The plan broke, as plans do and as Tennoc expected it would. Fallik's cavalry waited too long to charge the Kells, giving them time to set up the shield wall so familiar to Tennoc. The Tremontines had no such reliable protection. He gritted his teeth in frustration; he'd warned his cousin, but Fallik was both headstrong and unconvinced Tennoc knew his business despite their previous victories. Magic could puncture the shield wall, but Tennoc's power had deserted him again.
Fallik of Whitehorse
Tennoc took his armies north along the River Cobb toward Gwyrfal, Crymavon's men joining the expedition. The Kellish towns and castles along the way were caught unawares and lightly defended. Some surrendered outright to the Hero of Maalig, others after a brief skirmish; a few chose to fight to the last. The fierce battles at the coal mines of Baltha ended in the fortress's taking, and the slaughter of Clan Baltha's men.
When Tennoc arrived at the castle's gates, Lady Flaryn's husband had already thrown them open. "I saw your forces long before you got here, Tennoc ar Sial," said Cror ar Crymavon, "and I couldn't have defended against your war machines had I wished to."
Tennoc smiled, but he drew his lips flat. "You're wise, cousin. In my current humor I am not countenancing resistance."
Lady Flaryn ar Crymavon still lived. In her own court, the cousin Tennoc's mother had remembered as painfully shy had blossomed into an assured woman, still beautiful and like enough to Lassanna that Tennoc's heart ached at the sight of her. "Why did you not stop here in your flight from Gwyrfal, cousin?" she asked him in Kellish at dinner that night.
New Year's Day, 63 KY
King Dunnoc did not appear at the Eddin's Day celebrations for the new year: too ill, said Ulvyn, to leave his rooms. Gwynna sat at her husband's side, hugely pregnant. It was for the best that Dunnoc had not been brought down. He'd begun drooling, and his private conversations with ghosts had become even more incoherent. The Sisters said he might go on like this for spokes--perhaps years.
Her father's condition oppressed her spirits as much as the infant within her did. In the last days its squirming and kicking had subsided. Perhaps it had died. She would not cry if it was stillborn. Nevertheless, she loved children and she feared that one look at a tiny, helpless baby of her own, even one fathered by Ulvyn, would be her undoing. She had resolved not to look at it and to leave it to a wet nurse until she recovered her equilibrium.
Teacher met that night with the nervous Duke, his fidgeting heir and the new Prince. No one in the room seemed at ease around the pale figure in dark robes; Teacher took their fear in stride. When a servant made a furtive sign of Amma--head, heart and groin--Teacher may even have smirked. "We leave tomorrow, Your Grace," said Teacher.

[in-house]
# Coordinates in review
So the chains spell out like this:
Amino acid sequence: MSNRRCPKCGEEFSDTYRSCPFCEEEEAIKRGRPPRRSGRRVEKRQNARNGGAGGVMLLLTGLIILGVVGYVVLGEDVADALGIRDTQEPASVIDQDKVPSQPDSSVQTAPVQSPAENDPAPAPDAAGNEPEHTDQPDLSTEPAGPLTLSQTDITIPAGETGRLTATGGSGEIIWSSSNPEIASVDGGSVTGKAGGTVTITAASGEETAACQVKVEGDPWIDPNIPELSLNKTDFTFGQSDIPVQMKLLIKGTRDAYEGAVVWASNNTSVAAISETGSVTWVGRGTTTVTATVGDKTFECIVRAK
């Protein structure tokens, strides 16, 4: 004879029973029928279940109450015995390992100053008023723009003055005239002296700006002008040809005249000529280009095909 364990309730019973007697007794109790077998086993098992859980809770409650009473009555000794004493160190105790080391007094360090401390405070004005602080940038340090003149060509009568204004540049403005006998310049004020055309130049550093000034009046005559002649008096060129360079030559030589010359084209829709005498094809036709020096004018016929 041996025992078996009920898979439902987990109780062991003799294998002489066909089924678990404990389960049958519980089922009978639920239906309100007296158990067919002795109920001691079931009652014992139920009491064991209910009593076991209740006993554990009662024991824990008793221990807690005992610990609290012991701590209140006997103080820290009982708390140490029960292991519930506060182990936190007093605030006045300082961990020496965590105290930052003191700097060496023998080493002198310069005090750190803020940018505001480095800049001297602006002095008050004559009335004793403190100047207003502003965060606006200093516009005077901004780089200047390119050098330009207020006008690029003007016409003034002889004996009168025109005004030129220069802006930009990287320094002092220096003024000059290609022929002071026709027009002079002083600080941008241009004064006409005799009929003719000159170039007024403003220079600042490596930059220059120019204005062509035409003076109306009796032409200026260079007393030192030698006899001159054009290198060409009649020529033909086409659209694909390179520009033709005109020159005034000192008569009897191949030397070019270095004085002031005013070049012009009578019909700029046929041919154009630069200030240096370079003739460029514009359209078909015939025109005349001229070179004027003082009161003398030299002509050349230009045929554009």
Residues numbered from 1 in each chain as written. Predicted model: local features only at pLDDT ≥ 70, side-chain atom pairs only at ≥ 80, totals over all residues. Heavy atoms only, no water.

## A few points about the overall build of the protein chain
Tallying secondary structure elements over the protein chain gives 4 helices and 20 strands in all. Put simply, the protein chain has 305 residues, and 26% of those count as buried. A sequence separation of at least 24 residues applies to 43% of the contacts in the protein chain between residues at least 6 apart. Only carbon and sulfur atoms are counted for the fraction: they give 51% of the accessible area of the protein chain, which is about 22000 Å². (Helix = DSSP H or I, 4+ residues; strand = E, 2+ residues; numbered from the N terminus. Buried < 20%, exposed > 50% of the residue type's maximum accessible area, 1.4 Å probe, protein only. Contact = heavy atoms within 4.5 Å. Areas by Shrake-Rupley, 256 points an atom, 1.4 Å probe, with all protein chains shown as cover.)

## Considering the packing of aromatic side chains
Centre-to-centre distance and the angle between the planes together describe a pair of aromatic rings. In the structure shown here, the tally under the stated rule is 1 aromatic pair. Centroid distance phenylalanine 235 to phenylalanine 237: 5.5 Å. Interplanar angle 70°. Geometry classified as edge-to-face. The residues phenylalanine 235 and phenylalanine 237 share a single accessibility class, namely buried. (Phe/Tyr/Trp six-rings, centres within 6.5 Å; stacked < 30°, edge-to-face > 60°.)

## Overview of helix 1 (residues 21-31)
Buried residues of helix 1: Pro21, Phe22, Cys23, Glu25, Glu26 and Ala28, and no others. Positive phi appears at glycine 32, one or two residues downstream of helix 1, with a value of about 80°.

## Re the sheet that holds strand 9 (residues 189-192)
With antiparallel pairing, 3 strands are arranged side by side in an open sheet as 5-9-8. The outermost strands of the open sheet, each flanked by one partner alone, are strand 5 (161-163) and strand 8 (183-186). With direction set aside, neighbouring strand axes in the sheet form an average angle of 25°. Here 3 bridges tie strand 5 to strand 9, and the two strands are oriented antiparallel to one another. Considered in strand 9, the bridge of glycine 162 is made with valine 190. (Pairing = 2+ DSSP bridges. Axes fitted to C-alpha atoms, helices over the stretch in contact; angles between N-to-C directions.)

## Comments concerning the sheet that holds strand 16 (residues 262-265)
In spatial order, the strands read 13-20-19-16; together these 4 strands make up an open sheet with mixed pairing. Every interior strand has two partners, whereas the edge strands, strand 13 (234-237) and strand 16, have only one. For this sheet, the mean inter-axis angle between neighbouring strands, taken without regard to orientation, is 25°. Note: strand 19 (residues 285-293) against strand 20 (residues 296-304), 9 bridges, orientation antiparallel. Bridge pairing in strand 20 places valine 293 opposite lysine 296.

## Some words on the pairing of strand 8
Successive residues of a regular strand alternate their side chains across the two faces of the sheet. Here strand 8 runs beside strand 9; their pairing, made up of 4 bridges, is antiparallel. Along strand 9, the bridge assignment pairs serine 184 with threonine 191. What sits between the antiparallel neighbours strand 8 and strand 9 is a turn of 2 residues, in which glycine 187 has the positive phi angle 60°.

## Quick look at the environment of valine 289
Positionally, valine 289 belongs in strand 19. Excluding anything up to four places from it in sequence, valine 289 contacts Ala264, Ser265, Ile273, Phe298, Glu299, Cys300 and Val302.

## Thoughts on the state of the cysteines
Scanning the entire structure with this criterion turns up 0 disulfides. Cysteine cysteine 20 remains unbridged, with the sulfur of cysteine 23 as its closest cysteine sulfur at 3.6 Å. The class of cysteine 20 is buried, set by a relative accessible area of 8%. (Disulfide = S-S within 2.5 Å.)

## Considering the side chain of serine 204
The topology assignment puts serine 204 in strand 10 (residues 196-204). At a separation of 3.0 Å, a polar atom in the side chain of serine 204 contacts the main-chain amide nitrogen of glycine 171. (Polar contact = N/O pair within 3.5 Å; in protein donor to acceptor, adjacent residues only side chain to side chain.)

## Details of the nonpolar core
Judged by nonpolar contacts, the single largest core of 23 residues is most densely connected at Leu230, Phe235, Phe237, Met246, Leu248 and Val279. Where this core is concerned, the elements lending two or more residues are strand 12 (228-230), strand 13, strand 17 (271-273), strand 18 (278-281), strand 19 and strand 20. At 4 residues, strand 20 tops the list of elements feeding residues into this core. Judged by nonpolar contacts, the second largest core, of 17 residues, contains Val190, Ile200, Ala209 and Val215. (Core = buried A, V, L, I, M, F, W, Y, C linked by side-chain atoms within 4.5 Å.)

"The boy should rest, counselor, do you not think?" said Gonnor. "It's been a long journey for him…and I would like for Prince Temmin--Tennoc," at his grandson's lowering look, "to know his homeland and family. He's been on the road for more than two weeks already, surely a rest before such a long journey--it's the better part of a spoke to Tremont City."
"We will go back the way I came," said Teacher.
Tennoc left the room much disturbed and ran almost headlong into Fallik. "Do you have a habit of listening at doors, cousin?" said Tennoc.
The cords stood out in the bigger man's neck. "You are a rude, dishonorable cur. I've half a mind to challenge you!"
"By all means!" answered Tennoc; his new power crackled and sang within him. "Name the time and place, if you ever find the other half."
Tennoc and Hanni rode through forests, over rolling grasslands, past oak groves, ripening grain fields, neatly tended farms and grasslands dotted with sheep, cattle and horses, all sleek on the lush pasture. Tennoc wondered if it was a good year, or if the land was always this rich. His grandfather must be wealthy indeed. "Prime horse country, just as I've always heard," said Tennoc.
"Aye, sir. Once, long ago, when I served my Princess Inglatine, came I here to Whitehorse. Best horse country there is."
They followed the main track, camping at night wherever they could find cover. When he could, Tennoc practiced his magic, trying little things he'd seen Kenver do. If he concentrated, he could snatch a flame from the fire and bounce it in his hand like a ball. He could float good-sized rocks, though the larger ones made his broken rib hurt and he couldn't always make them go the direction he wanted them to. More than once, Hanni unleashed a torrent of Leutish curses at him when a rock went astray and came close to braining the man.